DemDaily: Rolling Back Roe

July 26, 2021

Mississippi officials submitted their first briefs to the US Supreme Court last week in their calculated quest to roll back women's reproductive rights in the United States.

In May, the Supreme Court of the United States (SCOTUS) agreed to hear a case involving the Gestational Age Act, a Mississippi law passed in 2018, which would ban all abortions after 15 weeks of pregnancy with only limited exceptions for medical emergencies or severe fetal abnormalities.

In taking up the case, Dobbs v. Jackson Women's Health Organization, the US Supreme Court said it would consider whether "all pre-viability prohibitions on abortion are unconstitutional." The breadth of the question represents the greatest threat yet to a women's right to abortion since it was legalized under the Court's 1973 Roe v. Wade decision.

In Roe v. Wade, the US Supreme Court ruled that the right to privacy under the Due Process Clause of the 14th Amendment extended to a woman's constitutional right to abortion.

(Guttmacher Institute)

The ruling, however, did not make this right absolute, in that it still gave states the right to regulate the practice in the third trimester of pregnancy.

Status of the States
Although the fundamental legality of abortion under Roe remains intact, many states have since successfully passed laws to restrict late-term abortions, implement mandatory waiting periods, require parental notification, and limit public funding of abortion providers, among other acts.

Since the landmark decision took effect almost fifty years ago, over 1,320 abortion restrictions have been enacted across the states.

In 2021 alone, 97 restrictions have been enacted across 17 states as of July 15th.

According to the Guttmacher Institute, 21 states are hostile or very hostile to abortion rights, with another eight "leaning" hostile. Of those, 12 states have "trigger" laws that would automatically make abortion illegal if the US Supreme Court reverses Roe.

This means that about 40 million, or 58% of American women of reproductive age live in states that are at least somewhat hostile to abortion rights.

Mississippi's Mission
Mississippi is one of several Republican-led states that have passed restrictive abortion laws designed to directly challenge the constitutionality of Roe v. Wade.

The sign at Jackson Women's Health Org, Mississippi's sole remaining abortion clinic, bears evidence of BB gunshots (AM Cunningham/MCIR)

The Southern District of Mississippi noted as such in his November 2018 decision to block the Gestational Age Act, stating, "The State chose to pass a law it knew was unconstitutional to endorse a decades-long campaign, fueled by national interest groups, to ask the Supreme Court to overturn Roe v. Wade."

The US Court of Appeals for the 5th Circuit affirmed the ruling in February of 2020, writing, "In an unbroken line dating to Roe v. Wade, the Supreme Court's abortion cases have established (and affirmed, and reaffirmed) a woman's right to choose an abortion before viability."

The State of Mississippi appealed to SCOTUS, arguing its law complied with existing precedent, and that the court should only overturn Roe if it concluded there was no other way to uphold the state law.

Last week, however, Mississippi reframed its argument, expanding it to take direct aim at the constitutionality of Roe, contended it was "egregiously wrong," and "The conclusion that abortion is a constitutional right has no basis in text, structure, history or tradition."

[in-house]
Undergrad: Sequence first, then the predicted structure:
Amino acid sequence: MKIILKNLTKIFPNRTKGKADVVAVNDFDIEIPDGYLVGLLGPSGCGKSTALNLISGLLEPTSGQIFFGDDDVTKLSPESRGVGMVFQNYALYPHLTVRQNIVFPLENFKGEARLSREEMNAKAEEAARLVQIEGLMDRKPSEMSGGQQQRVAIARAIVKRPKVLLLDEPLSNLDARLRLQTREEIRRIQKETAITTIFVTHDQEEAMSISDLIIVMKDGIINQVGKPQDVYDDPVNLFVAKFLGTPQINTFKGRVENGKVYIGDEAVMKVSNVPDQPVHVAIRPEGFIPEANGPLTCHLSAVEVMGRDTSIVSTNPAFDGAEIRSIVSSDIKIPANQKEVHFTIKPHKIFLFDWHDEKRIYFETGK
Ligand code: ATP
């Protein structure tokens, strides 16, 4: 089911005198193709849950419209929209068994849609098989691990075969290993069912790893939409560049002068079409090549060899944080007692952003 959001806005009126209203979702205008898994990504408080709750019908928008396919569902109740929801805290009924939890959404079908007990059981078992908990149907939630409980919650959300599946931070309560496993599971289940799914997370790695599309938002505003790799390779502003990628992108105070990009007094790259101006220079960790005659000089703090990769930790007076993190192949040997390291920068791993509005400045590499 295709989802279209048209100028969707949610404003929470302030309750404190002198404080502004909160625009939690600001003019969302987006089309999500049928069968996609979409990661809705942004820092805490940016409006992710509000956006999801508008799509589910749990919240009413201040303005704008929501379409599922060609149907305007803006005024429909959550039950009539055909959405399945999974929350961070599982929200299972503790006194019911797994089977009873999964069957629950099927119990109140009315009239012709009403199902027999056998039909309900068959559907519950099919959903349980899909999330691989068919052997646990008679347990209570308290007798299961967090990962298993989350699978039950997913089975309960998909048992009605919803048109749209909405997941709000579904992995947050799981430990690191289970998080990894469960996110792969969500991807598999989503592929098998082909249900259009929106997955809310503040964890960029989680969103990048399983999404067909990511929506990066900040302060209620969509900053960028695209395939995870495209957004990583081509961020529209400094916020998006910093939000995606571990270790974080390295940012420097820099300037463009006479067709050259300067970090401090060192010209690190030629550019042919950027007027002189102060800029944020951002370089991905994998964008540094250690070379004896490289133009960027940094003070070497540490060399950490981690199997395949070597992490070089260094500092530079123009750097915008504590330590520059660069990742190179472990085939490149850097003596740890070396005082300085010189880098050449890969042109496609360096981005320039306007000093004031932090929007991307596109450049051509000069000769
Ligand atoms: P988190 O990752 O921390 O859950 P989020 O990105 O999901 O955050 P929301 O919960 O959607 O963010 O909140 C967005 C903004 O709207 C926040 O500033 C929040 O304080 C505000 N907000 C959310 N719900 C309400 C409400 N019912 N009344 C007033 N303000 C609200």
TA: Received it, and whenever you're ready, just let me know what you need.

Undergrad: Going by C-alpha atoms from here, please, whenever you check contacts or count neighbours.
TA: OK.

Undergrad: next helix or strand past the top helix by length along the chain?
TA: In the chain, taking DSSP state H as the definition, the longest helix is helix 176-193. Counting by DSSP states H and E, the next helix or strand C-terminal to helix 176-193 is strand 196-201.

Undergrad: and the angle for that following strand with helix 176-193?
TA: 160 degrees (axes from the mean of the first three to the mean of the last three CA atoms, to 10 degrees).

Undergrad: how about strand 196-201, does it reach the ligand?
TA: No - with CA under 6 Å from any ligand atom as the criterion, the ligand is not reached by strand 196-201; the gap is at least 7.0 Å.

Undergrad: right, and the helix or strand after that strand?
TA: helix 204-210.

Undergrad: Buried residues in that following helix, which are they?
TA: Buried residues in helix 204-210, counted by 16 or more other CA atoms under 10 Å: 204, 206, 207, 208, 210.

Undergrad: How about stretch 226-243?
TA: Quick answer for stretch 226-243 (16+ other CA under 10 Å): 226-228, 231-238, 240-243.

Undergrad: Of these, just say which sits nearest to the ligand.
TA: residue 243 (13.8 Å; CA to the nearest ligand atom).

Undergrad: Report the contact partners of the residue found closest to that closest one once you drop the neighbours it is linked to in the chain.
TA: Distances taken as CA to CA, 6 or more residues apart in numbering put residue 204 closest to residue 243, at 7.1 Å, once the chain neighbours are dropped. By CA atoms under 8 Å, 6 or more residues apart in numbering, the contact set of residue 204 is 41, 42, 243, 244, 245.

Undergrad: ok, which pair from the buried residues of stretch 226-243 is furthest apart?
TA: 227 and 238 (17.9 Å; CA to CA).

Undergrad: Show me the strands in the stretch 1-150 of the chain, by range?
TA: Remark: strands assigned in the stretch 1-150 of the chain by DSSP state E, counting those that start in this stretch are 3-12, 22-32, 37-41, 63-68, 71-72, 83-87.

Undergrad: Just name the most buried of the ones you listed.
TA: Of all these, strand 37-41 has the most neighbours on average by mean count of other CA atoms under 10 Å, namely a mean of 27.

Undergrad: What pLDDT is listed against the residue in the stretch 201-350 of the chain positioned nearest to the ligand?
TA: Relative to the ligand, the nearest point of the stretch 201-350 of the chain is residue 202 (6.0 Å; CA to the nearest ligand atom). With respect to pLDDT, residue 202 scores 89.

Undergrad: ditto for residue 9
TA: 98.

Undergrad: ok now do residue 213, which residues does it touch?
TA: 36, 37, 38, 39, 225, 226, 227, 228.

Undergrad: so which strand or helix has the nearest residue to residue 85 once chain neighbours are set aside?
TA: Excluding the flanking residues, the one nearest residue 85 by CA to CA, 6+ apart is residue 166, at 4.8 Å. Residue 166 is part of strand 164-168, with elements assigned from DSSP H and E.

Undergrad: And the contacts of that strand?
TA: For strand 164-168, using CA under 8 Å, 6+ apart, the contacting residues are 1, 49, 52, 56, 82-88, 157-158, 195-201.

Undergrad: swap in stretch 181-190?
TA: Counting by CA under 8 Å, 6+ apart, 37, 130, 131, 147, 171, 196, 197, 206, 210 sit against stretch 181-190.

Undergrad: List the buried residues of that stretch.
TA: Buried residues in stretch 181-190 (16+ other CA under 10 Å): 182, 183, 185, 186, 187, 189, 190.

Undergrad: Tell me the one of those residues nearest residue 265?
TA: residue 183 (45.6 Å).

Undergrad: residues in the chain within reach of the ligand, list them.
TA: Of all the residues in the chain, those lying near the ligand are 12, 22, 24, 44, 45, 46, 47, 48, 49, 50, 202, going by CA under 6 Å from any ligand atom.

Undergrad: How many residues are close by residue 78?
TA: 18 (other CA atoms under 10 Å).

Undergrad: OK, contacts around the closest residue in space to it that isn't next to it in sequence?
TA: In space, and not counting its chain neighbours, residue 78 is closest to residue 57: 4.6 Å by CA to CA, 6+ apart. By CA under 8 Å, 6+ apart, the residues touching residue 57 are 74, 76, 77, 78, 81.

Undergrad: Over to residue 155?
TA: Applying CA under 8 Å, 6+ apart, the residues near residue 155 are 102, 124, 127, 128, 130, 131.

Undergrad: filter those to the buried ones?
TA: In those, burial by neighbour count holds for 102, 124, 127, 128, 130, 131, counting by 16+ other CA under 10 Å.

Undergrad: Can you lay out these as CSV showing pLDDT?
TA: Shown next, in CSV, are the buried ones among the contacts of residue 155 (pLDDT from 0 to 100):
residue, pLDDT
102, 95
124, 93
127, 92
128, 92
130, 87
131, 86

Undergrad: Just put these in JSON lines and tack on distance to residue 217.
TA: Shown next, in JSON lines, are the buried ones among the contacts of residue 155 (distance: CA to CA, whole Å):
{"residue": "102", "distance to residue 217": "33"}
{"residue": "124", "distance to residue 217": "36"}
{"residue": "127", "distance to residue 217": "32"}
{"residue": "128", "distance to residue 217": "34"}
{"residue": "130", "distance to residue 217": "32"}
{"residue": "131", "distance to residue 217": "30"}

Nancy Northup, President of the Center for Reproductive Rights, which represents Jackson Women's Health Organization, said that Mississippi's brief "reveals the extreme and regressive strategy, not just of this law, but of the avalanche of abortion bans and restrictions that are being passed across the country...If Roe falls, half the states in the country are poised to ban abortion entirely." 

SCOTUS
The decision to grant certiorari, or to hear, Dobbs, however, sets an unprecedented stage for the US Supreme Court's newly emboldened 6-3 conservative majority to reconsider, if not reverse, Roe's precedent.

Northrop: "Women of child-bearing age in the U.S. have never known a world in which they don't have this basic right" (J.Martin/AP)

The justices spent months deciding whether or not to take the case, underscoring the deep divisions on the bench.

Prior to the October 2020 Trump appointment of conservative Justice Amy Barrett, who has spoken out against "abortion on demand," the outcome largely rested on Chief Justice John Roberts as the swing vote.

In past opinions Roberts has cited respect for stare decisis, the legal doctrine that obligates courts to follow historical cases when making a ruling on a similar case, while also opening the door to an incremental approach on cutting back on abortion rights.

Under the new 6-3 majority, however, it is unclear if Roberts, as chief negotiator, may still be able to craft an opinion that undercuts Roe without directly overturning it -- or if he wishes to.

SCOTUS will hear oral arguments on the case in October when the court, now on summer recess, begins its 2021-2022 term. Their decision is likely to be delivered next summer, as we go into the final months of the 2022 midterm elections.

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Kimberly Scott
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Sources: supremecourt.gov, SCOTUSblog, Guttmacher Institute, USAToday, New York Times

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